The concept of using thermally conductive graphite fibers as a light weight material for a nickel hydrogen cell sleeve is the subject of U.S. Pat. No. 5,510,208 issued Apr. 23, 1996 to Hall et al. In this prior invention, a cylinder of axially oriented graphite epoxy fiber is reinforced on the inner and outer surfaces with square weave structural graphite epoxy laminate and replaces a conventional aluminum part. To provide interface compatibility with the aluminum part, the graphite epoxy part has adhesively attached to it features to clamp the cylinder to the cell and to structurally integrate the cell sleeve assembly so formed with other cell sleeve assemblies. The cylinder is partially split in the axial direction to form a key way which provides movement for radial compression.
It was in light of the state of the technology as just discussed that the present invention was conceived and has now been reduced to practice.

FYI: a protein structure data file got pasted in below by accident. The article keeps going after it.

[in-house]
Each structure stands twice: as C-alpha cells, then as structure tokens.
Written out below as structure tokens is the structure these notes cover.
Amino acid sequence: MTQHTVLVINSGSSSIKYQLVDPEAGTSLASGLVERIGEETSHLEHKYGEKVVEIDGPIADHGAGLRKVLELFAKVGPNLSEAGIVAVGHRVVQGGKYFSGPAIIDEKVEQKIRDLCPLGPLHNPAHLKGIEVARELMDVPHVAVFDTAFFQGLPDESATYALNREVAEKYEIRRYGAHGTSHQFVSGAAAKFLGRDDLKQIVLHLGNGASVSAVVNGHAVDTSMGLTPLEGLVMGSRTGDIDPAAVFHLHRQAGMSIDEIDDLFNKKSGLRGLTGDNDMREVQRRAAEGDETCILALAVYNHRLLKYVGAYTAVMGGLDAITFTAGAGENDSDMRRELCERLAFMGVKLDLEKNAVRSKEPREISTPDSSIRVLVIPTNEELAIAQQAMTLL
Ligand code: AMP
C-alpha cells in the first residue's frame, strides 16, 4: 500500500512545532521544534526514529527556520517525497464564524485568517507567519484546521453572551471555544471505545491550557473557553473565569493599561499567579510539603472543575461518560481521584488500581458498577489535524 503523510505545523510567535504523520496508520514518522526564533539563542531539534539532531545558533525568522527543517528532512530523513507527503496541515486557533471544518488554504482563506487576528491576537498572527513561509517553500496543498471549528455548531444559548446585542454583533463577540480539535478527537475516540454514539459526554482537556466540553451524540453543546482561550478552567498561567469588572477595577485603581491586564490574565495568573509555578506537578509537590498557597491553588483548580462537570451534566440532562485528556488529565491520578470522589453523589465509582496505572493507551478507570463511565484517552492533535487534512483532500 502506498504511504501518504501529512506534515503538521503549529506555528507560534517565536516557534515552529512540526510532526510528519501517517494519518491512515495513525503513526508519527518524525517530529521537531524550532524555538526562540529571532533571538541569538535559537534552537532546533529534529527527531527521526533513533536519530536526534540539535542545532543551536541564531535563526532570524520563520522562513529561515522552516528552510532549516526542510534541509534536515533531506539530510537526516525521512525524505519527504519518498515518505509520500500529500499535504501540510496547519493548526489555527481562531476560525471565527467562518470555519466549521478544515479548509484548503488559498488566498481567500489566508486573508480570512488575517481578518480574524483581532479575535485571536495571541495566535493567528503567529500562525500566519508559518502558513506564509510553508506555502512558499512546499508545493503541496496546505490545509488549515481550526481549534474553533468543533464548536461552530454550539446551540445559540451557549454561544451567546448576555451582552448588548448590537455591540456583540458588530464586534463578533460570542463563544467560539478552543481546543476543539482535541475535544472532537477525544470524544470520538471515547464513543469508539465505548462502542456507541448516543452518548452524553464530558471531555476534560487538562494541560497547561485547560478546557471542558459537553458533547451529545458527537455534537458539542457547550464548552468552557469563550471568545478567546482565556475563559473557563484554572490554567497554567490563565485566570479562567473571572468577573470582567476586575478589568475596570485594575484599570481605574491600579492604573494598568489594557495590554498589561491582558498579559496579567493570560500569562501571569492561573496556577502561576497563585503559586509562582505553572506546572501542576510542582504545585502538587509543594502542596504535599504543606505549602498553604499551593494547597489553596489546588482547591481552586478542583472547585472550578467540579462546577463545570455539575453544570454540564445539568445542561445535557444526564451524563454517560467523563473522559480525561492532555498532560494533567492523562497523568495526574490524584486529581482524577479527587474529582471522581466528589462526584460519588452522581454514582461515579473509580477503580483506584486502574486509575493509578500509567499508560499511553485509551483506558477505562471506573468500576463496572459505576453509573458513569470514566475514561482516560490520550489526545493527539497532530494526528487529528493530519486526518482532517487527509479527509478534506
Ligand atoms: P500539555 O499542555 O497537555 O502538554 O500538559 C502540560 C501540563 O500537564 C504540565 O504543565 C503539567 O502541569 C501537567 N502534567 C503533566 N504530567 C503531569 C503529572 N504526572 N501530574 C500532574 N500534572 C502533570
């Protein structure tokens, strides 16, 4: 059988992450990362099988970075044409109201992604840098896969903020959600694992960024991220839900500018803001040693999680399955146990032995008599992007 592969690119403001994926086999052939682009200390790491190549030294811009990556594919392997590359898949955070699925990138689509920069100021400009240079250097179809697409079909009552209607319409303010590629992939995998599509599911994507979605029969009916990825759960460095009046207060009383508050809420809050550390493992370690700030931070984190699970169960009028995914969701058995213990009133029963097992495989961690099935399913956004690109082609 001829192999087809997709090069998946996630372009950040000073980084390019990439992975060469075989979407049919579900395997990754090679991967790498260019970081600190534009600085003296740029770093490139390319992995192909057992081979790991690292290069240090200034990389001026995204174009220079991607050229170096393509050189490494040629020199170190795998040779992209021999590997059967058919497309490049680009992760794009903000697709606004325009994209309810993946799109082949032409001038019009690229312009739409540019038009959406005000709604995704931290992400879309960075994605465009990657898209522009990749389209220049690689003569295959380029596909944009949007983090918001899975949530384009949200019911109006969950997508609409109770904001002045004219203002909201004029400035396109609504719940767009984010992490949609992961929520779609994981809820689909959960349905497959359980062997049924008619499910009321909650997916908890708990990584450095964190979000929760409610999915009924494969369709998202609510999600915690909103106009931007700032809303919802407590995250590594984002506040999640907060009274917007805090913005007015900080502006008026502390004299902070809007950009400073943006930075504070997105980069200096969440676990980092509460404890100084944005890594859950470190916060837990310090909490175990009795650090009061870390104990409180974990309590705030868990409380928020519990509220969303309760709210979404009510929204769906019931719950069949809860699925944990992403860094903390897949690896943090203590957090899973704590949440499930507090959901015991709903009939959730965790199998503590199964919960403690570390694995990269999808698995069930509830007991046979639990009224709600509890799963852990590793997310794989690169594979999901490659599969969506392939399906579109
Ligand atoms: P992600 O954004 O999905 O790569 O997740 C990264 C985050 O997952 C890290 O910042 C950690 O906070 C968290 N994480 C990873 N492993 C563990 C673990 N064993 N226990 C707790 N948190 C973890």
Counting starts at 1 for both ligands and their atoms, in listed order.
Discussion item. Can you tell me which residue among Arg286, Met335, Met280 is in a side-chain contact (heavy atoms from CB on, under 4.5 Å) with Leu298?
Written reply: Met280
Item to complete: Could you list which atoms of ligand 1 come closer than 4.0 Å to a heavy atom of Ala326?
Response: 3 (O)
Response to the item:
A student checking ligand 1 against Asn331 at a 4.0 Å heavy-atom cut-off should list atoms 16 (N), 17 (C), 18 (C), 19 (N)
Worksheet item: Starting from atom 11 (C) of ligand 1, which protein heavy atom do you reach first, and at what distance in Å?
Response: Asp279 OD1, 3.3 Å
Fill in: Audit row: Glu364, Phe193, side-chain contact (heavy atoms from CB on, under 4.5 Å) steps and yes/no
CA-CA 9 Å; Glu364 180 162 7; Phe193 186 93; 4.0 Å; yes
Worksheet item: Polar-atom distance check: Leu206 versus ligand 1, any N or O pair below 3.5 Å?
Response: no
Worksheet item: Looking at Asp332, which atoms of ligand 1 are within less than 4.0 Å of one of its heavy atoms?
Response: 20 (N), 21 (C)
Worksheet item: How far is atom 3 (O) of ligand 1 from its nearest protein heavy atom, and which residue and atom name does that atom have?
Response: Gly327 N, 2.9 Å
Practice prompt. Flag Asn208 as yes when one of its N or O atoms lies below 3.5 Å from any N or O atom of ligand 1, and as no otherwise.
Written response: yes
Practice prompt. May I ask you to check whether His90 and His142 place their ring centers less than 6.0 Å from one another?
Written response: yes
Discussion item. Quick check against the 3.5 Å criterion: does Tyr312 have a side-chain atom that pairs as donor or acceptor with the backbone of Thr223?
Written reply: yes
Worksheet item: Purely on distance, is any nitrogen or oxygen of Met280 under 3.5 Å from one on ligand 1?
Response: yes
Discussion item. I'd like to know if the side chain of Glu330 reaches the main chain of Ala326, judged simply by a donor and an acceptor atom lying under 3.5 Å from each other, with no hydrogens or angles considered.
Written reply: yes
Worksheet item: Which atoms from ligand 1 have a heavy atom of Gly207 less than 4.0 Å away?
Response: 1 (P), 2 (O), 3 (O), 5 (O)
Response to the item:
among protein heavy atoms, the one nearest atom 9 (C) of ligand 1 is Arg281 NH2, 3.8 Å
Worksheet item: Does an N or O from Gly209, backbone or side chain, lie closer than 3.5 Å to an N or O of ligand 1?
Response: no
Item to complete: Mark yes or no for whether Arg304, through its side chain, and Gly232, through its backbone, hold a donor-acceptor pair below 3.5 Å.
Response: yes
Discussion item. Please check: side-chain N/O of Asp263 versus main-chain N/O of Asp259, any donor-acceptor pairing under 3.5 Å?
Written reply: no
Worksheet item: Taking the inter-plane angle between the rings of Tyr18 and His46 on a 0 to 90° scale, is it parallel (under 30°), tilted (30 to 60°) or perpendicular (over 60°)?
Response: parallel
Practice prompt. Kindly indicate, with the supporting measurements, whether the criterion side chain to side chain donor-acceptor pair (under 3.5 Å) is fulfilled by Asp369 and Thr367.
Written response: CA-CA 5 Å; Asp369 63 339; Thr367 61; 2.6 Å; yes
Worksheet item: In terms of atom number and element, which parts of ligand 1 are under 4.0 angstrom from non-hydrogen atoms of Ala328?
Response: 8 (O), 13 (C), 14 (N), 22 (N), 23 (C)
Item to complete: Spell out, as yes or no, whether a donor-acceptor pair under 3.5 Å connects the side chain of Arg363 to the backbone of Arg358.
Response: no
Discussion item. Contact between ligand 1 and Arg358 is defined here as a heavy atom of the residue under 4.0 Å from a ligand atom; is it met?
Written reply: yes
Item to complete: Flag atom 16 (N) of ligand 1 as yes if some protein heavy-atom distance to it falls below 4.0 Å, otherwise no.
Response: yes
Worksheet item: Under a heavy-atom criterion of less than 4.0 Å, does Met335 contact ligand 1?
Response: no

According to the present invention, a battery cell sleeve assembly includes a continuous cylindrical sleeve extending between proximal and distal ends and has a plurality of substantially unidirectional longitudinally extending elongated heat conduction fibers having a thermal conductivity no less than that of aluminum embedded in an epoxy matrix. The sleeve is received on the outer peripheral surface of a cylindrical battery cell and in a contiguous relationship with the battery cell. A cylindrical base member having an annular flange is attached to the continuous cylindrical sleeve such that the distal ends of the heat conduction fibers are contiguous with the annular flange. With this construction, the annular flange operates as a heat shunt for drawing heat away from the continuous cylindrical sleeve by conduction between the heat conduction fibers and the annular flange. In one embodiment, the heat conduction fibers are graphite and the continuous cylindrical sleeve is between about 0.010 and 0.10 inches thick and composed of about 60% fiber and 40% adhesive by volume. An electrically insulative adhesive such as an epoxy with a defined bond line of about 0.005 inches is applied to the interface between the continuous cylindrical sleeve and the cylindrical base member. After integrating the battery cell and the continuous cylindrical sleeve, the battery cell is charged. This causes the battery cell to become pressurized which, in turn, enlarges its outer circumference such that it becomes more firmly engaged with the continuous cylindrical sleeve.